REPORT: Guadalupe River trip, 2023-01, Paul E. Robertson

I went for a long walk this morning, Friday. Though I was walking along a sidewalk in our neighborhood, in my mind I was remembering Tuesday and Wednesday—days I spend on the Guadalupe River. I replayed the sights, sounds, smells, and feelings. I found myself smiling and at peace within.

Back to the river. On Tuesday morning my friend Joe Nicklo and I headed out for the Guadalupe River about 5:00 in the morning. We made our customary stop at Buc-ee’s for a coffee refill, breakfast and a pit stop. For those not from Texas, Buc-ee’s is known for having the cleanest restrooms in Texas. We arrived at the river a little around 8:00 and began to put on waders, boots, and get rods and gear ready. I was anxious to just get my feet in the water. We headed toward the water. But before stepping in, we did the mandatory stop and observe. We could see one trout in the pool in front of us. He was in a difficult place to cast. We thought about crossing below and trying a cast. But, as soon as we moved, he spooked and took off.  That would be an omen of my “catch rate” for the two days. As some say, that’s why that call it fishing and not catching. We had some great fishing but the catch rate was low.  I ended up with three fish in the two days and Joe ended up with about ten.

But, the fishing was great. I had planned a three-day trip to the Guadalupe back in December but had to cancel due to an episode with Covid. Then came the holidays. I had been looking for the first opportunity to go, which was this last Tuesday and Wednesday.

I can’t express how joyful I felt when we rounded the curve on the road and I got my first glimpse of the river. It was like I had arrived “home.” There is someone about wading in the river that brings upon me a sense of calm and peace. To be sure, I like to catch fish. But, even in those times when I don’t catch many (like this trip), there is still the experience of being on the river. There is so much to take in. During those two days I really did not think about the debacle (my opinion) in the House of Representatives or anything else political. I was focused on taking in my surroundings. I remember the words of John Gierach: “The solution to any problem — work, love, money, whatever — is to go fishing, and the worse the problem, the longer the trip should be.” Being in the water I feel connected to the Mother Earth and its Creator. I feel connected to my self. I feel connected to the fish and other animals around.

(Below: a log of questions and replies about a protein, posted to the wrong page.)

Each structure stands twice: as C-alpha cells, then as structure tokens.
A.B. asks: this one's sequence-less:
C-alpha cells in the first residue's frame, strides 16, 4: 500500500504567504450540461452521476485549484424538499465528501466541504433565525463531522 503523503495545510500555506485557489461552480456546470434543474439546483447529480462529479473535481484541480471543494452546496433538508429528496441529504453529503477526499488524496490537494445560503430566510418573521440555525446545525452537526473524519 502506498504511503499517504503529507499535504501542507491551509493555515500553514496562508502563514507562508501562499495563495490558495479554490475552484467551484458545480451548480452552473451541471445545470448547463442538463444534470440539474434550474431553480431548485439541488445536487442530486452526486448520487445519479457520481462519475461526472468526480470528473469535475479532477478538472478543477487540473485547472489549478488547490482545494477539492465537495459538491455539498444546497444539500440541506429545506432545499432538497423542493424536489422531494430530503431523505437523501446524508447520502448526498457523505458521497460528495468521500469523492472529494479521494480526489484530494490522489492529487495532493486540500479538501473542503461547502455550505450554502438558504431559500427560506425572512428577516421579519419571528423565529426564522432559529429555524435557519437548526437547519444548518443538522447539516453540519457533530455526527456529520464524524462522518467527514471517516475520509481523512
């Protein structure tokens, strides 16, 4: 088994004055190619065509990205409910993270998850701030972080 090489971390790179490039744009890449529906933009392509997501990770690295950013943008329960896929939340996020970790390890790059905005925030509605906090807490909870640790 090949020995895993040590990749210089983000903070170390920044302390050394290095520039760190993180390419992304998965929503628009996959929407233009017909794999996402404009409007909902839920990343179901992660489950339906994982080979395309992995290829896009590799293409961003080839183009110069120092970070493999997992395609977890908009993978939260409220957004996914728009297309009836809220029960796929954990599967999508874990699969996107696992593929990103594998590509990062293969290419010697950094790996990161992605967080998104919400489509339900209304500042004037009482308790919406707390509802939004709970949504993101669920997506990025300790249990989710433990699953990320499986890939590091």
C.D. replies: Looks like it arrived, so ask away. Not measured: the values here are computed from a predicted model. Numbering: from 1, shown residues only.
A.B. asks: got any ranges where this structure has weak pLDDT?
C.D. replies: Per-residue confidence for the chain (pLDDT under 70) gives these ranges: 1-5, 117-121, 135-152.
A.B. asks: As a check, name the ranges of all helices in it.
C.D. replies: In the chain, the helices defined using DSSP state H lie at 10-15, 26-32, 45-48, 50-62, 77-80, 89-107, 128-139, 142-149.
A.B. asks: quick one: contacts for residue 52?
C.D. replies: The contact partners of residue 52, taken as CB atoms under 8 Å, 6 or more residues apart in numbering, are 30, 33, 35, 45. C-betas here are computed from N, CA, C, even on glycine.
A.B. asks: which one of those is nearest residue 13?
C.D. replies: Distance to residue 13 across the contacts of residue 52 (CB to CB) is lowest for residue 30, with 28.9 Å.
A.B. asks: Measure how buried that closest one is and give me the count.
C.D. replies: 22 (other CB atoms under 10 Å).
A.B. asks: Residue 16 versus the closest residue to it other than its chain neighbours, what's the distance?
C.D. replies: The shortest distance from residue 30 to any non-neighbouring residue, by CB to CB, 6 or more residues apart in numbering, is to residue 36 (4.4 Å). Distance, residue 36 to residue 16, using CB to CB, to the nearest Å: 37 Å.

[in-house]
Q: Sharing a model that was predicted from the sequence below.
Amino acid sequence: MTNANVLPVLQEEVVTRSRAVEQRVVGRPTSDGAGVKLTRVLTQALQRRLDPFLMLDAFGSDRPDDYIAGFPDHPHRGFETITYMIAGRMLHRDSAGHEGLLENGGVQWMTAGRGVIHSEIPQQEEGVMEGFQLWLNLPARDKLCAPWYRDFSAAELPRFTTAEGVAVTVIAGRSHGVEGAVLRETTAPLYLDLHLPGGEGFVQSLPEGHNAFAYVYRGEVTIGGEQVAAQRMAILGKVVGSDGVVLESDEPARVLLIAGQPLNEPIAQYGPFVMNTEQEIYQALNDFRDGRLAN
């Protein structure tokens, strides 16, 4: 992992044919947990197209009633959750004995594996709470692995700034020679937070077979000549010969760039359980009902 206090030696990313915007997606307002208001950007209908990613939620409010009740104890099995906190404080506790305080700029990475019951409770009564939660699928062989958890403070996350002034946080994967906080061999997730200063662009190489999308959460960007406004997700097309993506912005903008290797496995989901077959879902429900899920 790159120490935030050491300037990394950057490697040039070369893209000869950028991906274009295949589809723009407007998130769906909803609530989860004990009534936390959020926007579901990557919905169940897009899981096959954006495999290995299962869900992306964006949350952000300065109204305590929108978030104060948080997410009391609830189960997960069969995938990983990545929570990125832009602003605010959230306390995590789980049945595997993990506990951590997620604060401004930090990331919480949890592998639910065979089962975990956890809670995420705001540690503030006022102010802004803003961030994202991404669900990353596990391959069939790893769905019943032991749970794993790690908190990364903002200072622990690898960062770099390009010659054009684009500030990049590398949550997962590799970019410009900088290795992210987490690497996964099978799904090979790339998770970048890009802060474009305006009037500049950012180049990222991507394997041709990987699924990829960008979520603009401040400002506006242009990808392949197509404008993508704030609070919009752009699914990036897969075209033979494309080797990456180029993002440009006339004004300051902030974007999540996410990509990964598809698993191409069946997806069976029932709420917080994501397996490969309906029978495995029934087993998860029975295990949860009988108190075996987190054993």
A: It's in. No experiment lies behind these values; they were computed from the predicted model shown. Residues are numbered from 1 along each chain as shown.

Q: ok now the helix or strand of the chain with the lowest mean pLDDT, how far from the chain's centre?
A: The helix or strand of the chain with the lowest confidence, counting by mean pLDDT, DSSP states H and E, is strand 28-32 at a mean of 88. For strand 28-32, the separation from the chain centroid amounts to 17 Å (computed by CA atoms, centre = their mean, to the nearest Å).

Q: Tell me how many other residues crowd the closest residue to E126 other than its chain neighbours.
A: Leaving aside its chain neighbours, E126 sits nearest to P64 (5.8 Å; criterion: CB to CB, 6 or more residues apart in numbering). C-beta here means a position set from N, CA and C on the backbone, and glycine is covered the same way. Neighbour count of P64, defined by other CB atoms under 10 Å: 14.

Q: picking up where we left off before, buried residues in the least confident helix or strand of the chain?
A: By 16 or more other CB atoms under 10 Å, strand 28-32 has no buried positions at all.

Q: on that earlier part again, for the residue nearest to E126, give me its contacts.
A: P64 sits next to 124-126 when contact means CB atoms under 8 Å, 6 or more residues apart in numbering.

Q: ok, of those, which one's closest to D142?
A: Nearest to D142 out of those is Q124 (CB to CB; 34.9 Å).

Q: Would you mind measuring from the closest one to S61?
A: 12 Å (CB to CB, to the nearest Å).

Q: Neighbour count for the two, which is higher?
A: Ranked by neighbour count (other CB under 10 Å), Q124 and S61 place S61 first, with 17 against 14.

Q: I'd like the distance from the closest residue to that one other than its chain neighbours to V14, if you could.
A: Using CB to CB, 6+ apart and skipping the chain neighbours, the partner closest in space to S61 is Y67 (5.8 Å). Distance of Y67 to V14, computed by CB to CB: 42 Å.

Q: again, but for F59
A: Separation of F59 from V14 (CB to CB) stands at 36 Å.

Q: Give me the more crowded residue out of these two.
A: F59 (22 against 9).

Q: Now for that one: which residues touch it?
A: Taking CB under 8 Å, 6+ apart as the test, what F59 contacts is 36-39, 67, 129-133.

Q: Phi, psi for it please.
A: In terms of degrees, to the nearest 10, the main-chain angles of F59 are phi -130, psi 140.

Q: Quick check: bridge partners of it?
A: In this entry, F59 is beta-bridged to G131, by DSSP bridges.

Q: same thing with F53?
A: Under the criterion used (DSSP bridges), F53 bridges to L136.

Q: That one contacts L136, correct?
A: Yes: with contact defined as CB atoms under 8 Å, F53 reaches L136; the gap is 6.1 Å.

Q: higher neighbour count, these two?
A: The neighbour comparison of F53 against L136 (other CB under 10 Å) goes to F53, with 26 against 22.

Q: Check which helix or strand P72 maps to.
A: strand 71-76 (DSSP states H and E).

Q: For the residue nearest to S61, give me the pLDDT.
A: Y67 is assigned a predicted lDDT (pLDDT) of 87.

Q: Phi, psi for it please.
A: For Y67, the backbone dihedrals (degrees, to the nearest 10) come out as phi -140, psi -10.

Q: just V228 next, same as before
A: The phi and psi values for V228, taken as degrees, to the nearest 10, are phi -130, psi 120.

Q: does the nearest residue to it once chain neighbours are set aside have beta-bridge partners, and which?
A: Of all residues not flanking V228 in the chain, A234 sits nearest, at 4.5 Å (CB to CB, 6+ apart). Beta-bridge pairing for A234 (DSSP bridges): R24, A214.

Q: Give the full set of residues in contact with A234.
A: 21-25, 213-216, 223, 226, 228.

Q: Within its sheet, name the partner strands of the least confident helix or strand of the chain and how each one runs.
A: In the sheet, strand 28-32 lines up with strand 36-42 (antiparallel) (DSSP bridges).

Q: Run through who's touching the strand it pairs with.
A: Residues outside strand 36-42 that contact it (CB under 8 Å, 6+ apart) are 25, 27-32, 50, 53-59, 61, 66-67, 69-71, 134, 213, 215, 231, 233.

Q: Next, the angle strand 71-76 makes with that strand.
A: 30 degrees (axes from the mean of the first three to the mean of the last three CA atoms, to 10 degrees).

I watched squirrels come down to the river side for a sip of water, a blue heron searching for its morning meal, ducks flying low to the water headed down stream, and an occasional large yellowish mayfly. I listened to birds of all types singing as the morning sun rose up over the canyon wall, the water running across the rocks, and animals scurrying along the trees and banks, rocks tumbling down the cliff wall as some animal (I did not see it) walked through the trees, and the occasional sound of that blue heron landing the water behind me with a loud splash (I almost needed a roll of toilet paper.). 

When the fish are not biting, I just enjoy exploring. At one point I noticed a riffle downstream of me. I had not been down that stretch of river. I don’t know just how to explain it, but it was calling me to come and check it out. So, I heeded the call and went. What a beautiful run of the river!  About half way down the run I just stopped and took in the view and the sounds. What I saw is on the video below. My heart sang with joy.  Hey, I can’t sing with my voice, but I can sing with my heart!  

On the the way back one morning, I did come upon a pool with a bunch of fish. The sun was at just the right angle, and through my polarized sunglasses I could see lots of fish. My heart began to beat faster. I studied them for awhile. There were about eight medium-sized fish and three quite large ones. They looked confused. Occasionally one the larger ones would rise to the surface. I watched intently to see what it might be taking, but I couldn’t tell. I tried most everything I knew, but with no luck.  As my partner headed my way, I pointed out the fish to him. I tried some more, with his help spotting them. Again, no luck. Then I decided to spot for him. Dang, if he didn’t catch three of them. Sometimes, that seems to be the story of my catching.  

Nevertheless it was wonderful to be on the water with a friend. 

“They say you forget your troubles on a trout stream, but that’s not quite it.  

What happens is that you begin to see where your troubles fit into the grand

 scheme of things, and suddenly they’re just not such a big deal anymore.” 

—John Gierach

Paul E. Robertson
Ph.D., M.Div., ACPE Certified Educator
“Retired from work, but not from life.”

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